Thanks for this video! How many cutting can you take off a tuber/tuber clump before it is a time to just plant that main tuber outside and stop cutting off it?


Saturday 6th of March 2021

I was just reading about that and some take as many as 10 cuttings from a tuber. But a rule of thumb is to leave no more than 4 shoots on a tuber for the best performance of bloom for that year. So you can take as many as you like leaving at least 2 on the tuber. Some will put out tons of shoots and others will only put out a few. So it depends on the dahlia tuber.


Monday 2nd of November 2020

I rooted a couple of cuttings from my favourite dahlia. I had to dig it up as the tuber was rotting, so I took cuttings. They rooted in a small pot and now it is winter. Can you help me figure out what to do with the potted cuttings now that winter is here. Do I water them? Keep them inside? Outside in a protected area or in the porch? I have seen lots of videos about how to take cuttings but no one says how to overwinter the plant. Thanks so much.


Wednesday 4th of November 2020

That is such a great question but to be truthful I have had no experience with overwintering dahlia plants. The cuttings I make are taken in Spring so they make a tuber over summer that I dig and store. My opinion would be to over winter them in the post in a protected area like inside a garage or basement area. Let it dry out some but not become bone dry. It is worth a shot. Some folks live in warmer areas and can leave dahlias in the ground but I don't know your zone. So sorry I couldn't be more help.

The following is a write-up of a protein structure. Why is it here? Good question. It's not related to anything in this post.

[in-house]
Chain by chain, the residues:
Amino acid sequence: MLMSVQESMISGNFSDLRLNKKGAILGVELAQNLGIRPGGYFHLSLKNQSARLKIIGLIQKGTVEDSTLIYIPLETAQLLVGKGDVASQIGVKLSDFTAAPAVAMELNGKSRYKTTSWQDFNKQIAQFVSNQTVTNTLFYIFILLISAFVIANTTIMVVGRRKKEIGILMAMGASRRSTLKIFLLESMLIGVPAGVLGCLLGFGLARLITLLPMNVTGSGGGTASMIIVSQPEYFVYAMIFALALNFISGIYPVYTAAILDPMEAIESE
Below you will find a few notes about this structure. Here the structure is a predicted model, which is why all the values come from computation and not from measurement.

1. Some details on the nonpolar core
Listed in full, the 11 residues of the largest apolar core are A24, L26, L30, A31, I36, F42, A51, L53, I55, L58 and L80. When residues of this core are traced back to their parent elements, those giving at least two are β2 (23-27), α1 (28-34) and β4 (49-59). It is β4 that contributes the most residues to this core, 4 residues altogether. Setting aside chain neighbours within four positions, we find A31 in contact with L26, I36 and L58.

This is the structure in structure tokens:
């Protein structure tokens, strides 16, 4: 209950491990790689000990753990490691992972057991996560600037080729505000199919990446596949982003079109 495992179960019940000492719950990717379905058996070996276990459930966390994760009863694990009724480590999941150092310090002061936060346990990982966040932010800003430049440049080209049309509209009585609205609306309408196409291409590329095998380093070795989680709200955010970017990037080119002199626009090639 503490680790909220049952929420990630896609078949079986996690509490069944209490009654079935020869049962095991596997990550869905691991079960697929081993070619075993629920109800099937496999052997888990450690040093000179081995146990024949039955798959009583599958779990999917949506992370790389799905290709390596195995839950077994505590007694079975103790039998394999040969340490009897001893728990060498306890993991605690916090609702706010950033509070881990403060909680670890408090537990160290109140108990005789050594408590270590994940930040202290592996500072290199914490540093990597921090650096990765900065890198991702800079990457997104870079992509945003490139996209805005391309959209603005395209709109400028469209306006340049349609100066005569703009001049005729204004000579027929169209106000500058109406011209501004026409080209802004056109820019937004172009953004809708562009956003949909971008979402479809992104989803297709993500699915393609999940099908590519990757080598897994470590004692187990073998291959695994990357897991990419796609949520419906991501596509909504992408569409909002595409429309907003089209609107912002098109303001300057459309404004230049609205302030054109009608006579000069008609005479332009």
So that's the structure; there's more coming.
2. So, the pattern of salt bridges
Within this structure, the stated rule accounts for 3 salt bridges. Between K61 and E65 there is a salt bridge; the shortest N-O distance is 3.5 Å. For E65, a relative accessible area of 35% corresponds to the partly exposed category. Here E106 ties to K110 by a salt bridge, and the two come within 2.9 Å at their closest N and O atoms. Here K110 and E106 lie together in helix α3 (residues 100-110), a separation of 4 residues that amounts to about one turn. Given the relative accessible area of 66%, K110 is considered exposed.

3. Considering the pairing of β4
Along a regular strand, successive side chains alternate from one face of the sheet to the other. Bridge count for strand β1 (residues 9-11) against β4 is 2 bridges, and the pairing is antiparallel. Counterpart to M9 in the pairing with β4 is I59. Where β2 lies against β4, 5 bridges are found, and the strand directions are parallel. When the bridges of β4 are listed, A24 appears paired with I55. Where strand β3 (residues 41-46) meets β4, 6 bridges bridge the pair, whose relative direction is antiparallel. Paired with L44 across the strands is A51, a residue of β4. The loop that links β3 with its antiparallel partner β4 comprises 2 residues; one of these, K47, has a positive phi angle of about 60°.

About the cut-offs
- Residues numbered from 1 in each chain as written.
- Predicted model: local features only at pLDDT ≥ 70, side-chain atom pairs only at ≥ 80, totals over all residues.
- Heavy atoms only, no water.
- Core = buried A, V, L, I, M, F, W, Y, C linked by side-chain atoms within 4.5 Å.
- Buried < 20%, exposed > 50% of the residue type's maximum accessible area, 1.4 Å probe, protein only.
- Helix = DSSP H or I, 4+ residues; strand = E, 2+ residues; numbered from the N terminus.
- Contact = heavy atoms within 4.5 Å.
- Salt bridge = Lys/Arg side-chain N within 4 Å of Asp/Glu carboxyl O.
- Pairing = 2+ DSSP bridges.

Thursday 10th of September 2020

What is a good flower to plant AFTER my dahlias have finished blooming, and foliage is cut back to plant in the soil on top for winter or spring planting? Dahlias are currently in a troff type planter box. Thank you


Tuesday 15th of September 2020

Good question, since I dig mine up each season then replant I am not sure. If I did this I would try Violas, they are winter hardy (here) and put on fresh growth and lots of blooms the first hint of warm weather in Spring time.


Monday 18th of March 2019

Hi, Pamela,

Thank you for your post. I live fairly near you and have left Dahlias in the ground. They came up the next year. But, when I built my pond I had to move the plant. I don't think they survived the move but I'm hoping. Perhaps, also, we didn't get much hard freeze the time they came back up the next year. But, it's worth a try to leave one for for one of yours next year. I love dahlias but I don't have the time or desire to dig up my plants every year. I do use a lot of mulch around my yard. Seeing your beautiful Dahlia picture did encourage me to give Dahlias another try. :-)

Also, with the drought we often have, I prefer and encourage the roots of my plants to go as deep as they will.


Wednesday 14th of November 2018

I took cuttings from some Dahlia stems and they produced roots. No tubers yet. Will the cuttings bloom the same year or do they need an additional year to form larger tubers?


Thursday 15th of November 2018

Mine bloomed this past Summer and I just dug them up for storage. By the end of the summer my cuttings developed a tuber but they did bloom. They bloomed later than the ones I grew from tubers but they did bloom.